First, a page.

Monday, July 27, 2009

Satan is an Angel

"Innocence is a mystery greater than evil." --James Hillman

There is a long tradition in human history of Satan, or an entity with similar characteristics called by another name. Tradition holds that Satan, also known as Lucifer, the Deceiver or the Devil, is indeed an angel; a very powerful angel who exerts great energies into the world. Some would like to suppose that angels are all goodness, that they are without their own will, that they only perform the will of the Creator, of gods. However this simply is not so.

Many presume this force which is exerted by the angel, Satan to be a negative one. Yet like Mara, the evil one of Buddhism, Satan is a much needed energy in the world. Why so? Because without the Evil One, the Buddha would not know his goodness, the good would be without a name. One cannot know by experience the way or the good without being tempted; one cannot exercise his free will or be whole and complete without an awareness of the world in its entirety. All things are present in the world at all times.

And angels have, and do indeed, tempt and corrupt. The Bible in 1Corinthians11 for example says, "a woman should have a sign of authority on her head, because of the angels." Revelations claims that the angel, Satan, must be "seized the dragon, the ancient serpent, which is the Devil or Satan, and tied up for a thousand years."

Also interestingly the name Lucifer means "Light Carrier." And in Judaism, the Devil is an angel who causes not only mischief, but disorder; he is an adversary. Tradition going back to Judaism unto the present declares the Devil to be:

"the Devil and the other demons were created by God, good in their nature, but they
by themselves have made themselves evil... Here it is clearly thought that the
Devil and the other demons are spiritual or angelic creatures created by God in
a state of innocence, and that they became evil by their own act. It is added
that man sinned by the suggestion of the Devil."

Tradition further teaches that as angels, demons are:"the Devil, and the other demons are but a part of the angelic creation, and their natural powers do not differ from those of the angels who remained faithful. Like the other angels, they are pure spiritual beings without any body, and in their original state they are endowed with supernatural grace." The choosers of darkness for light, of evil for good, and while it would seem that [these choices] can only be accounted for by some ignorance, or inadvertence, or weakness, or the influence of some overmastering passion. But most of these explanations seem to be precluded by the powers and perfections of the angelic nature.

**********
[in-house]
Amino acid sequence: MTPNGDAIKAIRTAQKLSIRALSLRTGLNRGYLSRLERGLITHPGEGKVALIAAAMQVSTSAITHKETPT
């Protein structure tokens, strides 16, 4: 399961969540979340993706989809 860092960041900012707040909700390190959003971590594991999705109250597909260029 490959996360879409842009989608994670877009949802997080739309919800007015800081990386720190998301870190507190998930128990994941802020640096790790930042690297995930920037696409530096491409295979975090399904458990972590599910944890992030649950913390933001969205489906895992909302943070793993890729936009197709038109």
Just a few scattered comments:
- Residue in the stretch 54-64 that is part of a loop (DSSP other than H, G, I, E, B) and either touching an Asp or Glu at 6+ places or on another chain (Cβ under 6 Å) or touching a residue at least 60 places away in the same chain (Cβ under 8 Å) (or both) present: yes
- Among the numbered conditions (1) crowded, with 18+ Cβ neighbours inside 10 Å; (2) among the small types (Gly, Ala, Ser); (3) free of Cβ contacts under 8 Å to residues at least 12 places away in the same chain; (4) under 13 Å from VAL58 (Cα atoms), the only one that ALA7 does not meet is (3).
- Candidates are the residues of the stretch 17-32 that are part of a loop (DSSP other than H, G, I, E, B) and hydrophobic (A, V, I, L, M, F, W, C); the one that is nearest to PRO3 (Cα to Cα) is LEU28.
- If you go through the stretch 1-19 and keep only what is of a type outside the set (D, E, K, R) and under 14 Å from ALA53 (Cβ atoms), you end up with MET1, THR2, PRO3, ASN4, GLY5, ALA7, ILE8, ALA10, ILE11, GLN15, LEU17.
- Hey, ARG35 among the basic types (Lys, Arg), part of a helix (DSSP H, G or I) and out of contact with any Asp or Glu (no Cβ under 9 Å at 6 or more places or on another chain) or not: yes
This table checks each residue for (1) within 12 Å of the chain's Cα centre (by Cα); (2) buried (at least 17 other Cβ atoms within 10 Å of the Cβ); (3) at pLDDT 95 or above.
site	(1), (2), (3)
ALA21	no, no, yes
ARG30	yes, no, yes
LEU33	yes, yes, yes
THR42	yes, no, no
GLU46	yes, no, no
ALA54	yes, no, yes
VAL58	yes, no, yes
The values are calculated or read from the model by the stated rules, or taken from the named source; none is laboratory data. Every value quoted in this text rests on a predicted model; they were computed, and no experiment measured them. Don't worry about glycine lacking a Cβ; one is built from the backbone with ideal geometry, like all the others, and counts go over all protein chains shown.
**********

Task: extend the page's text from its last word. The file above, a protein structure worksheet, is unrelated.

The weakness of the flesh, which accounts for such a mass of human wickedness, was altogether absent from the angels. There could be no place for carnal sin without the corpus delecti(the physical body). And even some sins that are purely spiritual or intellectual, seem to present an almost insuperable difficulty in the case of the angels."

As well, it is false to suppose as already mentioned, that the Judeo-Christian tradition alone largely holds well developed views of devilry. In the world, as we experience it, there are many traditions, some already mentioned holding strong conceptions of an evil doer. From the teachings of the Bon to the Tao, to the Hindus multiple creatures of mal, the Muslims, indigenous spiritualities around the world, the Zoroastrians and many others. Why is it so? What is there to learn about life as it is--suchness by learning of an evil doer? What are our assumptions, our notions? Do we hold a belief that my faith isn't involved with that, that I am better or above such notions?

It seems to be a facet of human nature, of ego, of deficit, to not countenance the face of ill will, to suppose that angels are only for the desire and bidding of gods, or that they can do no evil. The everyday world tells us other-wise. Many transgress the precepts, fall short of the teachings of their acknowledged faith, or simply live in a lower, darker state, more than an animal and less than an arhat or a seeker of the Way. Like the angels, there is only a difference in the choosing. We often seek to substitute our own will and ego for that of the Creator, the unknowable One. And then we suffer. Innocence and evil, as Hillman writes, are indeed a mystery.

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